Shamanic Shadow 2


The concept of shadow self was made familiar through the work of Jung. It is also part of shamanism. Shamanic shadow is part of us, it is part of who we are. Part of deeper shamanic work is getting to know and developing a relationship with the shadow. This involves working with the shadow self – sometimes referred to as working with darkness.  It is a fascinating aspect of shamanism that it is darkness and light. I find the terminology and labels used often raise fear and concern. Partly I think this is due to our society being vary orientated to light work and often religion has produced the dichotomy of dark being evil.

In my shamanic experience I don’t find the label evil useful (most labels aren’t).  I may have an emotional response to something in the spiritual realm, such as fear or panic, based on my preconceived ideas. I have found that by using my spirit allies to remain safe I have been able to explore these feelings and experiences. I tend to use the mindset of an explorer who role is to describe and experience.  It has been through exploration of the shamanic shadow that I have gained insights into some of the emotions that drive me from day-to-day. The shadow is the part of me that would like to cause others harm, especially those who have harmed me. It is the part of me that would like to cause pain, to cause disease. Understanding where this comes from has helped me to come to terms with who I am and what drives me. Let me give you an example.

When I was six, my mother sent me away. Up to this point I had a very close relationship with her, as her relationship with my father broke down when I was about 3. She was the person I held onto for support and who taught me how the world is shaped. The fracturing of this relationship was immense. I remember crying so much, at such an intensity that I wanted the world to end. No-one around me could help – we were all powerless.  I wanted the hurt inside me to stop and the only way to do that seemed to be to kill myself.  What I did over the next few days , weeks, months was to suppress these feelings. I flicked a switch to kill my feelings and then I just got on with what I was told to do. What remained with me was the feeling of wanting to kill myself, as well as the feelings of rejection and anger just below the surface.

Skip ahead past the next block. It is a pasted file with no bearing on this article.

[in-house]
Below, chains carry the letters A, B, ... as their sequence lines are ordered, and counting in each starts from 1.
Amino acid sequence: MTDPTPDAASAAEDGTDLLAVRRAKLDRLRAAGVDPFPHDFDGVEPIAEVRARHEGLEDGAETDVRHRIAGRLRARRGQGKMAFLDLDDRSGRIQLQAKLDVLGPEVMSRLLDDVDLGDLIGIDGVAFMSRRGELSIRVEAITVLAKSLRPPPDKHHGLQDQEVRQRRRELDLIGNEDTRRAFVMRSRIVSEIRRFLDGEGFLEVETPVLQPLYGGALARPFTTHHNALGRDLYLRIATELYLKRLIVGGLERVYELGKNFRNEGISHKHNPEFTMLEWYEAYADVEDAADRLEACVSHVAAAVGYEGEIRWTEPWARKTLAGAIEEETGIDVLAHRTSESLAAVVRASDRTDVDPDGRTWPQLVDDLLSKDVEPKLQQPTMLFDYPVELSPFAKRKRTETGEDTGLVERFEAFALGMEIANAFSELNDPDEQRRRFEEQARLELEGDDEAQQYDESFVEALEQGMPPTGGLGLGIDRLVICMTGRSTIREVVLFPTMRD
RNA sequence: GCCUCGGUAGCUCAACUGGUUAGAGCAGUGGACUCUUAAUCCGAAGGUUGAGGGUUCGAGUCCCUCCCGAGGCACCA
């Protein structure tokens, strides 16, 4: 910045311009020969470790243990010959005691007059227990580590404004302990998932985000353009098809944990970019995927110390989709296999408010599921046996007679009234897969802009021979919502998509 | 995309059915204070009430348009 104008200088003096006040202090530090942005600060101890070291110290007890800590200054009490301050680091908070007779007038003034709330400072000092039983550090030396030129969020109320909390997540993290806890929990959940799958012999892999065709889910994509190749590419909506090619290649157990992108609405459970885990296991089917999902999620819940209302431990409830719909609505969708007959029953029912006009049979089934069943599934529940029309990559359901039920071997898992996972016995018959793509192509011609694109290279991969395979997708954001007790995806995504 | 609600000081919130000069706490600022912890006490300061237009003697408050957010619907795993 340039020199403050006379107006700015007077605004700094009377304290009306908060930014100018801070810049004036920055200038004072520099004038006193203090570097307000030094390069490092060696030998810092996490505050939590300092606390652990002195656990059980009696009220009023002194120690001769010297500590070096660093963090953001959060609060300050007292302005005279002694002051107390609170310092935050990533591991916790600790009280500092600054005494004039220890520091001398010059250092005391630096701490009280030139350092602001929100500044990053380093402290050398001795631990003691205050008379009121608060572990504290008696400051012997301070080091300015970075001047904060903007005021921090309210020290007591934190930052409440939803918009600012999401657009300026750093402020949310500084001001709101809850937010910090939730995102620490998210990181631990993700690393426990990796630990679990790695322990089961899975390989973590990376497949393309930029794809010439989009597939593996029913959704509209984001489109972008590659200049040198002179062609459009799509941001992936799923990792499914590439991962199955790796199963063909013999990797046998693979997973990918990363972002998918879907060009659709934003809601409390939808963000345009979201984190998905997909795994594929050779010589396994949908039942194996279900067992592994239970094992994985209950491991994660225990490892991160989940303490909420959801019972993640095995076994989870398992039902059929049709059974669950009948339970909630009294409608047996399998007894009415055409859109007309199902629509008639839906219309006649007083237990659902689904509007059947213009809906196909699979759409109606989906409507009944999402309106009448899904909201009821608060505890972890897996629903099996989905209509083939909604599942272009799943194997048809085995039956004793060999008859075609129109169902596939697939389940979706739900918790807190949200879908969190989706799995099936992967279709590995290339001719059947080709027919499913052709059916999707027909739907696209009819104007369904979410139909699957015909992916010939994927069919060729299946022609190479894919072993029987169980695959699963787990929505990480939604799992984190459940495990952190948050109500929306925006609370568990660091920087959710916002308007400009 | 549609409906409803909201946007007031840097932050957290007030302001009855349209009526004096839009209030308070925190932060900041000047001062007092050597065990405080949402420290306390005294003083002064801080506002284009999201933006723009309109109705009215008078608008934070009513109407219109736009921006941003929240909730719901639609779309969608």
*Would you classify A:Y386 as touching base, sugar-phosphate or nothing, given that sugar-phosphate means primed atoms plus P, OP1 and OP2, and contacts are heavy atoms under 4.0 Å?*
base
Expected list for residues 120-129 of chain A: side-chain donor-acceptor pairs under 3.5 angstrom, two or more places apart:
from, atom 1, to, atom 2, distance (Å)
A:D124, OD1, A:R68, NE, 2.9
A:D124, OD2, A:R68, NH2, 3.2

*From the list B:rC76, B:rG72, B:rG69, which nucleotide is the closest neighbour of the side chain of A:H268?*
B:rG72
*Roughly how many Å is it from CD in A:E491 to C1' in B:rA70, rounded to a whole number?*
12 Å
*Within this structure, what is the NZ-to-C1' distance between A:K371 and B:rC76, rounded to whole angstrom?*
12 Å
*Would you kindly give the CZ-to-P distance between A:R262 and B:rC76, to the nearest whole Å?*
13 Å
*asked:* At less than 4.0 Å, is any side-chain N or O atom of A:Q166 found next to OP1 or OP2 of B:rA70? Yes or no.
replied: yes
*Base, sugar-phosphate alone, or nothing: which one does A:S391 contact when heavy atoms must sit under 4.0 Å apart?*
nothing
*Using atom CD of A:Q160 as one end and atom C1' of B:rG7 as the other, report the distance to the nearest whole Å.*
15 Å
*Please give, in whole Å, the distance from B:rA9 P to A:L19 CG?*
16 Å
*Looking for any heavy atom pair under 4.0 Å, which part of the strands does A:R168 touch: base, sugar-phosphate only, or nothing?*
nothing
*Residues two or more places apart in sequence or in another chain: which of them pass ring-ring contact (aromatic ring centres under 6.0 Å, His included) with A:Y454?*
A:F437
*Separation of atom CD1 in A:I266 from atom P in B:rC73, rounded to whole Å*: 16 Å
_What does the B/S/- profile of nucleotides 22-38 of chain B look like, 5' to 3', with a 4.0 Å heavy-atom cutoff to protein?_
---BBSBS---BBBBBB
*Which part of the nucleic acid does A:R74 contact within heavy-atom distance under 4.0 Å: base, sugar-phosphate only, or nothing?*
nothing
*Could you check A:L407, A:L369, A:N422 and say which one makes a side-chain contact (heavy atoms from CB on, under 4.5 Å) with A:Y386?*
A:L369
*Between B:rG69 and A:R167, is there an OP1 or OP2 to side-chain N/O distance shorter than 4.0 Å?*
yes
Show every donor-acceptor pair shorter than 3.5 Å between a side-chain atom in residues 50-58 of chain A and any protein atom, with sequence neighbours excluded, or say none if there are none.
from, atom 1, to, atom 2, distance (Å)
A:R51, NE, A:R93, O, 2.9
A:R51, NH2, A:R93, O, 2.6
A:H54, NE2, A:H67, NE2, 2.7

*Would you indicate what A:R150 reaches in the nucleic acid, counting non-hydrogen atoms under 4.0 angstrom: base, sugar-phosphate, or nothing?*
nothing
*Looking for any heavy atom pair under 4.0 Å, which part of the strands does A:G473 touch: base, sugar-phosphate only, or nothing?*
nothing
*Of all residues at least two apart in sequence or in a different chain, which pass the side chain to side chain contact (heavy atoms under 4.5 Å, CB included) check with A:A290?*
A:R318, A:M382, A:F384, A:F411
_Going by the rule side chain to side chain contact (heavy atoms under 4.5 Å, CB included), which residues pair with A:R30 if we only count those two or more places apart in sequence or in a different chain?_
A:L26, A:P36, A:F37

In getting to know my shadow, I have started to understand where these feelings come from. This reduces the intensity of the feelings and has enabled me to catch the feelings at an earlier stage so I can release them before being engulfed by them.  Needless to say this has been challenging work and I have been very grateful for the support network around me, that has been able to put up with swings in emotions and allowed me the space to just be able to talk when I need to.

For me this deep work is what makes shamanism so much more than just a simple spiritual practice. It has helped me comes to terms with who I am and become a fuller version of myself. There are many different things that drive us towards development, each of us is unique and each us of has our own journey.


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2 thoughts on “Shamanic Shadow

  • Tom Marty

    The dark is a place that has always been with me and takes centre stage as and when it needs to. Is it a survival mechanism? Probably. Does it work? Yes.
    Is it nice? No, it doesn`t need to be as it gives me what I need but not necessarily when I need it. Hence the feeling of guilt on many things. I just wish I was perfect, the problem is that whatever `perfect` is, it isn`t right for every second of the day.
    The dark is a lovely place to sit and mull things over (especially depressing things) because I know at some point there will always be the light. It just doesn`t feel it at the time.
    And when I`m in the light there is only love.
    So all things considered two sides of the same beautiful coin.